I began a fitness Instagram with the opening of the 2016 New Year. Two to three times I each day I photos in varying yellow lights flexing when the locker-room empties, I show off my sweat-slicked skin and blood-pumped veins, I model the tangled nest of salted hair floating on top of my head, I share the workout I just completed, and perhaps craft poetic line about my day and the way the that hard work made me feel.
I didn’t create the page for attention, for an excuse to stand sports-bra clad in front of the mirror, or for an excuse to brag about how many times a week I had hit the gym. I created the page for two reasons. 1) To track my own progress. 2) To connect with a community of woman I had long followed on Instagram, but never been a part of. When the New Year struck, and the mono I had battled during the later months of 2015 had finally resolved itself, I was ready to put myself out there, with hopes of getting something in return.
While it is a public account, I hid the page from my friends, from my family, until they somehow stumbled upon it (an event more likely that I had realized with the transparency of social media).
When I began the fitness page, my partner at the time aggressively and regimentally screen-shotted the profiles of other women who commented or liked my photos, with the screenshot of the stranger, presumably also working towards her fitness goals, a sarcastic comment about her hair, maybe a jab at her tattoo, the occasional jibe about how “thirsty” these other fitness Instagram owners were. I now wonder if her aggression stemmed from a disillusionment about the community of weight-lifters I had found through Instagram, or if her comments could be explained by the society we both grew up in: a society that has not yet found a way to value strong-bodied women.
It wasn’t until the fitness account created conflict in my romantic relationship that I realized that originally, I hid the account because I created it in order to fill a void I had in “real life”: a community of women to workout with, share progress with, and motivate.
What my partner saw as competition, I saw as encouragement. These women and I have formed our own secret community; we leave heart-eye and muscle emoji’s in the comments of each other’s photos, we send the occasional inbox message commending each other on our transformations, dedication, and progress.
In gyms around the world, women deconstruct the myth that they are “the weaker sex” and make gains towards equality, yet the community element remains highly tech-driven, remains pretty solidly in the sphere of social media. Is this simply a symptom of the digital age? In January, as now, the question still remains: why aren’t more women hitting the weight rack? Why did I have to create an Instagram in order to find the community I was craving?
My hypothesis: the feminist movements since the 60s have emphasized social, legal, and institutional equality, while failing to support physical equality and physical gains in women. Displays of female physical power continue to be prevented, perverted, and undermined, despite the increased number of female athletes and Olympians in the media.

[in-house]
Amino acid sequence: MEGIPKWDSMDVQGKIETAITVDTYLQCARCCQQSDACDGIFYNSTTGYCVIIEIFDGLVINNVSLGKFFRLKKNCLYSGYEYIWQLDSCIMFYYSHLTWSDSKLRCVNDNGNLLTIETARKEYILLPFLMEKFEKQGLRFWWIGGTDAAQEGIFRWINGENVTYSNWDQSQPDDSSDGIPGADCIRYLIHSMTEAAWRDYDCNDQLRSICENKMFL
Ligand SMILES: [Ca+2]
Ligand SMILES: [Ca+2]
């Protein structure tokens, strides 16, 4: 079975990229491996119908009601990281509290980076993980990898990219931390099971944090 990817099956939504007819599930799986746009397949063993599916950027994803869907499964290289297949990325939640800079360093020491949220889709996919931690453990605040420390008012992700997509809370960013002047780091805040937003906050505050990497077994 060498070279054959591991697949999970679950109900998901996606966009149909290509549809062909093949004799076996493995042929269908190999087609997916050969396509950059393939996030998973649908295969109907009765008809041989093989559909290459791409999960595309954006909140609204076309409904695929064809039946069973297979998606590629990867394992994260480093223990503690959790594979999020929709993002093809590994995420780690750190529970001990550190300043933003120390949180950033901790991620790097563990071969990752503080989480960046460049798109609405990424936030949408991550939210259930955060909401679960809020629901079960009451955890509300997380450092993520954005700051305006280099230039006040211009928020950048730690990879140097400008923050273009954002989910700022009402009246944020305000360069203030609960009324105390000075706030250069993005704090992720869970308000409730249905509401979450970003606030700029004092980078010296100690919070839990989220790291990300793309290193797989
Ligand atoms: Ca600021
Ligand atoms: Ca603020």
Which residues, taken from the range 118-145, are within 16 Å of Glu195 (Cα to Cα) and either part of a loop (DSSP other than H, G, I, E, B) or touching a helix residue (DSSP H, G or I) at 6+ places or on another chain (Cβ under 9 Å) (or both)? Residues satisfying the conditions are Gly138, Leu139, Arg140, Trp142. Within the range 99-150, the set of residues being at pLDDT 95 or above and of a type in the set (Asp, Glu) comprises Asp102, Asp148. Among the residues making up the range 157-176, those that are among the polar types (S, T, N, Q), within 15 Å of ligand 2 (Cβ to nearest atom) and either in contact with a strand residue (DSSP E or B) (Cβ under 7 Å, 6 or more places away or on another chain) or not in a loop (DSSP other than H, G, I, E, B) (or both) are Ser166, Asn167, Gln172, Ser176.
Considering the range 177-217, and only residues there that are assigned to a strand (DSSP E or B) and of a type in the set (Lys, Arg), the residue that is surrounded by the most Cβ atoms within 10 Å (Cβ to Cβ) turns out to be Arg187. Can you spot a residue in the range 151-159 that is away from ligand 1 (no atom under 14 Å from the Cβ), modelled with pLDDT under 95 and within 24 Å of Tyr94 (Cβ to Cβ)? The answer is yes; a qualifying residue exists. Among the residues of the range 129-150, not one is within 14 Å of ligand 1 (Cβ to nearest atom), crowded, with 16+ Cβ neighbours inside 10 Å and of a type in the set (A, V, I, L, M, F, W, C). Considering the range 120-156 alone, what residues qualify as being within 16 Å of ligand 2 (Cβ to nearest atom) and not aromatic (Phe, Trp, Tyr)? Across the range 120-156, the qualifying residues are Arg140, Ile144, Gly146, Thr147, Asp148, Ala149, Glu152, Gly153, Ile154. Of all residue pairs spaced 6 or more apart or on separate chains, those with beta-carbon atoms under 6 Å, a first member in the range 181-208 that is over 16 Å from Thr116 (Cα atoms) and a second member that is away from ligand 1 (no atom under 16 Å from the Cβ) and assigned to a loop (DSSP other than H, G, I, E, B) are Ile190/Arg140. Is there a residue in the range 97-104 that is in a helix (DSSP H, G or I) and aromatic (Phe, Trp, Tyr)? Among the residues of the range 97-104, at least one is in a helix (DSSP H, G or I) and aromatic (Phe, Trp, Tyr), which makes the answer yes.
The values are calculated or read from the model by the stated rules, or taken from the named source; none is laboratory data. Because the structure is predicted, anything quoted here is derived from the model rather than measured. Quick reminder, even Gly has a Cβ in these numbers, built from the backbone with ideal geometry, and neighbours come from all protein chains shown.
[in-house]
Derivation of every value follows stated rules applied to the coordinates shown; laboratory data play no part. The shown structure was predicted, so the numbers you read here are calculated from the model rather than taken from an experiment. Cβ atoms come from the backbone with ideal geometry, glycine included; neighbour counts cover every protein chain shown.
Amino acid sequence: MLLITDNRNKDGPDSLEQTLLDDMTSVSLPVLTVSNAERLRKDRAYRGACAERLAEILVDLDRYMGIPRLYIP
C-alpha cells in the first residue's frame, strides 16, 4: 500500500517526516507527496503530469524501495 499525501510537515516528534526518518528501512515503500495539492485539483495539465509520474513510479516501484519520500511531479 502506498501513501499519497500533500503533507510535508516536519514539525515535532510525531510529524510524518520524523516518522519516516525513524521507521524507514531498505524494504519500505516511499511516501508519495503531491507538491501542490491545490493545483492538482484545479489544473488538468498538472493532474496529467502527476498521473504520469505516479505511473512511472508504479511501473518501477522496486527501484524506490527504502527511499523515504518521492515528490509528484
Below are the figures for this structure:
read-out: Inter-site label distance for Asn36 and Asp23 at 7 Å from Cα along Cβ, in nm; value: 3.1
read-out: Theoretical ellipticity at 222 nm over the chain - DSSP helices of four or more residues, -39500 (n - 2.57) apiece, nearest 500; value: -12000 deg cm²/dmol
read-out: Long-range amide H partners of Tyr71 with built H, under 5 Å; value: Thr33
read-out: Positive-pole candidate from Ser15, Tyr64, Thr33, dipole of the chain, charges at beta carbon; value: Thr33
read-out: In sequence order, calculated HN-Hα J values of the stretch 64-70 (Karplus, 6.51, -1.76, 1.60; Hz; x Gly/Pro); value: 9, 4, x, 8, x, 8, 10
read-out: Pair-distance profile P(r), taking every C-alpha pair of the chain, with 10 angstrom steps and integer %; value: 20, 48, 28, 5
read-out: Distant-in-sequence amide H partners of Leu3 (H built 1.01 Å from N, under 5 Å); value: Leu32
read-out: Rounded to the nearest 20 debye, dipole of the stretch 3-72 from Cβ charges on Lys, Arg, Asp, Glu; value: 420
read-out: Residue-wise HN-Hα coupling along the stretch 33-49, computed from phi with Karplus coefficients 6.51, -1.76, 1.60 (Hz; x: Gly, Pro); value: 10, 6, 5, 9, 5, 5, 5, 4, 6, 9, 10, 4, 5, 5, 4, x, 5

We are part of the first generation to grow up with Title IX, which passed in 1972 and offers women, among many other rights and protections, equal opportunity to participate in athletics. Yet, while we grew up with greater access to sports teams, equipment, and budget, and while we now live in a world where women are just as likely and able to compete and play in sports as their male counterparts, Title IX has not led to the debunking of the myth that women are the physically weaker sex. Instead, the message that the ideal female body is weak, is constantly transmitted to women through religion, family, work and professional life, and the media.
So the question is: why hasn’t there been a bigger push on physical power or empowerment? Is it because erasing muscle shaming has not been a priority of the feminist movement, and as a result the stereotypes of muscular women still pervade. Or is it because physical power has been depicted as something to fear? While some caution of physical power is warranted, the benefits are undeniable – confidence, strength, power, and a joy in physicality.
Nine months since I created the account, I have gained two things: a more supportive community than I ever could have dreamed and a blossomed confidence that came from watching my body become more physically capable. The confidence I have felt blossom in myself has positively effected my life outside the walls of the gym.
If these are the benefits, how do we get more women to hit the weight-rack? The work begins by disassociating strength from masculinity and debunking the myth that women are physically the weaker sex. Hitting the gym, entering the Crossfit box, joining a contact sport, and sprinting the field are acts of rebellion for women in a world that discourages women taking up space.
Let’s give women like me, women who find solace in the weight rack, the space to celebrate them for their dedication and hard-worked; let’s create space for who they are and who they choose to be and labor to become.